I think the music of Atramentus sounds completely different from all our other bands combined. We are after all in a lot of other bands. However, there are doom elements that did seep into the sound of Chthe’ilist in many instances. Xavier has more of a black metal background and he does bring a touch of that to our sound/production style but his experience with Montreal epic doom band Cauchemar made him no stranger to doom metal as a whole. François Bilodeau is the only person in the band that hasn’t been in any other bands before. This is his first album and he gave his 100% on every level. With that said. he’s been listening to this style of music forever and has done some session work for Suffer Yourself. So yeah, as you can see, it’s not entirely a new thing for us to play music this slow and miserable, plus this album has been in my blood for so long so I could say Atramentus has been one of my main bands foreve. It was just merely buried in the ice for so long. The songs have remained largely authentic and faithful to their first iterations many years ago like I said above, as the songs were written very spontaneously and it was important to retain that spontaneous nature on the album. It doesn’t matter what I created & experienced in later years and how much my musical skills and taste may have evolved after 2012-2013, it did not have an impact on the recording and the original vision that I had with this band back when I started it. It was all kept intact. The only exception would likely apply to the vocals. I’m not entirely sure I would’ve been able to pull off what I did on Stygian back when I was younger but the spirit is pretty much the same as I imagined it back then.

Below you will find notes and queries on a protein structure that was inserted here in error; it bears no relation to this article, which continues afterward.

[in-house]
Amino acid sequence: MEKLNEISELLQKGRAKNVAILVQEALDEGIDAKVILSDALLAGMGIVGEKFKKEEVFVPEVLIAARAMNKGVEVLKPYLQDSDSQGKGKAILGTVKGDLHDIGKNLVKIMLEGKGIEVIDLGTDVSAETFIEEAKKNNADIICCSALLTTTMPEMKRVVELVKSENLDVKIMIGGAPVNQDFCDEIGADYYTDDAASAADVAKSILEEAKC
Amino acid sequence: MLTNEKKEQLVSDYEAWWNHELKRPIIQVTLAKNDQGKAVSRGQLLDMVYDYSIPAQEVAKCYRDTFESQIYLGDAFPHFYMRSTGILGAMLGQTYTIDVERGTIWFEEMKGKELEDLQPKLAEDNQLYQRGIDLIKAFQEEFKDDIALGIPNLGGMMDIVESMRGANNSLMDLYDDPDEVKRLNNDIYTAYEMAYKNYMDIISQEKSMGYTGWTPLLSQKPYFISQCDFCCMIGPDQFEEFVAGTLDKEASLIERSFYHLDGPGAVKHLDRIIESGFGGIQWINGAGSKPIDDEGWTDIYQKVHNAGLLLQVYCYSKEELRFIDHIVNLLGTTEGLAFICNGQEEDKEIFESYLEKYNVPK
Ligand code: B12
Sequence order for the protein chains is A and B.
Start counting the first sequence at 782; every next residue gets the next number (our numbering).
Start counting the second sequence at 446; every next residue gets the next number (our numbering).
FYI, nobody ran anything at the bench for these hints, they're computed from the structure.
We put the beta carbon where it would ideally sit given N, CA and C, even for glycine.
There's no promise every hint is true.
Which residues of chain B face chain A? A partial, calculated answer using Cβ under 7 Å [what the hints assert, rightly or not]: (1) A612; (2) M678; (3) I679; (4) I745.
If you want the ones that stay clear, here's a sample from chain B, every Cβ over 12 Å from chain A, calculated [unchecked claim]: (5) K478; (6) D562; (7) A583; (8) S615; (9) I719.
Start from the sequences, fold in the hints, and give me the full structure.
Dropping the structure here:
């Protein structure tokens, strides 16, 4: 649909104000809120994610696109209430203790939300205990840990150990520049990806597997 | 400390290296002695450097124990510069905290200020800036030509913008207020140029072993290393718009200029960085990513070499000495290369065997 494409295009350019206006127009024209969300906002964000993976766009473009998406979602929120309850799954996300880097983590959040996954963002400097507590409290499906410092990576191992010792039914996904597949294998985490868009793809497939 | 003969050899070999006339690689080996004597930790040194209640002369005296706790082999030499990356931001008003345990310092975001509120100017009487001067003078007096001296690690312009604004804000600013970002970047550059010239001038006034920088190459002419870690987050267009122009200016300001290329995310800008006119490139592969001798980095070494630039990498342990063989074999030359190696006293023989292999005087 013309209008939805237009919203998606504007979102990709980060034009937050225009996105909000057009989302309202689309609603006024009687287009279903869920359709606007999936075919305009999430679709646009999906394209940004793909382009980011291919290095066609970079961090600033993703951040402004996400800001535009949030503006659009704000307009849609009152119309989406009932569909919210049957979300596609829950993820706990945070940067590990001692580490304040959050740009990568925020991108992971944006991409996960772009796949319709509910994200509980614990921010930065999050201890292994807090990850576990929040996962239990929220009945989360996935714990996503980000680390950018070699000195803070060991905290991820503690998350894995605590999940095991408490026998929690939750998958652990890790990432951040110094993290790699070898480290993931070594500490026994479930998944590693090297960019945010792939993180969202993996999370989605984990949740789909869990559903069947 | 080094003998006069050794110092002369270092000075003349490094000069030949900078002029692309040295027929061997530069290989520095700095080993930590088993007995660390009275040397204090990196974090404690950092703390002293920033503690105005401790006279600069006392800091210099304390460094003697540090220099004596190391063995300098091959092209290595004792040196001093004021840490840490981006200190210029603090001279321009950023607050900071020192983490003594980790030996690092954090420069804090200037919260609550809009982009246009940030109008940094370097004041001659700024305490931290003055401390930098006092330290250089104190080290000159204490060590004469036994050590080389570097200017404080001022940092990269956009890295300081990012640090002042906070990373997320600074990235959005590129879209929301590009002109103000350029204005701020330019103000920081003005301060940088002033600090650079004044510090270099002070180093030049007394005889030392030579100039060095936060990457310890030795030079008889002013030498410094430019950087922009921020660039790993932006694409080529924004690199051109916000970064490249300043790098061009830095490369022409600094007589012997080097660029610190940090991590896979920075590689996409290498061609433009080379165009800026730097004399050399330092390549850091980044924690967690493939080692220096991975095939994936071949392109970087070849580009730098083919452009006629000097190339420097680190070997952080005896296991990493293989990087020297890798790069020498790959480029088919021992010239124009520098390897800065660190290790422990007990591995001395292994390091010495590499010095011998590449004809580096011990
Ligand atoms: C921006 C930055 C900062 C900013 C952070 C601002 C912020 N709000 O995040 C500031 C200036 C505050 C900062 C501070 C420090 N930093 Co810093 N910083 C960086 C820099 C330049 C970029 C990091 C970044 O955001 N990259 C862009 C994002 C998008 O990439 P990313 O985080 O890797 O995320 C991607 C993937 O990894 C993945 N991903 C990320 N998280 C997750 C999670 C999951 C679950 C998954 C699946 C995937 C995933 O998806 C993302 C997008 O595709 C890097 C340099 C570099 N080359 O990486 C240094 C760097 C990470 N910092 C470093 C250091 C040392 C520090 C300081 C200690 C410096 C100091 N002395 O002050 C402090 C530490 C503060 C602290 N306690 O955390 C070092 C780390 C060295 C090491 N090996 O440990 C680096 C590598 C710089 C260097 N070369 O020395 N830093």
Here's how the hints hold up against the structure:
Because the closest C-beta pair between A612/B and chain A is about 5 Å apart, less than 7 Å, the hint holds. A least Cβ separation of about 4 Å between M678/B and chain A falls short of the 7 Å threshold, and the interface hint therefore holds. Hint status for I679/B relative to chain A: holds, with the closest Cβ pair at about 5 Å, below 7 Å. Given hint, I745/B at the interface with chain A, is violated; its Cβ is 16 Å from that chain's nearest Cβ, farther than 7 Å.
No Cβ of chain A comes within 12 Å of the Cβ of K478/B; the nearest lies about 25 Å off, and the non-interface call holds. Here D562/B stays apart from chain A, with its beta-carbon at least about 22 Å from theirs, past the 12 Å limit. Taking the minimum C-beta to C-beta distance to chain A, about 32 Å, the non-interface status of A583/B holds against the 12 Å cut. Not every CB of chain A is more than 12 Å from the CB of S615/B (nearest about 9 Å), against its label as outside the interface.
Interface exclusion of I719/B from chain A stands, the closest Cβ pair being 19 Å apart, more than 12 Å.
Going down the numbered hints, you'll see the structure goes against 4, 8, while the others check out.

Everything in Stygian seems very much worked, let’s start by the lyrics, what is the story about?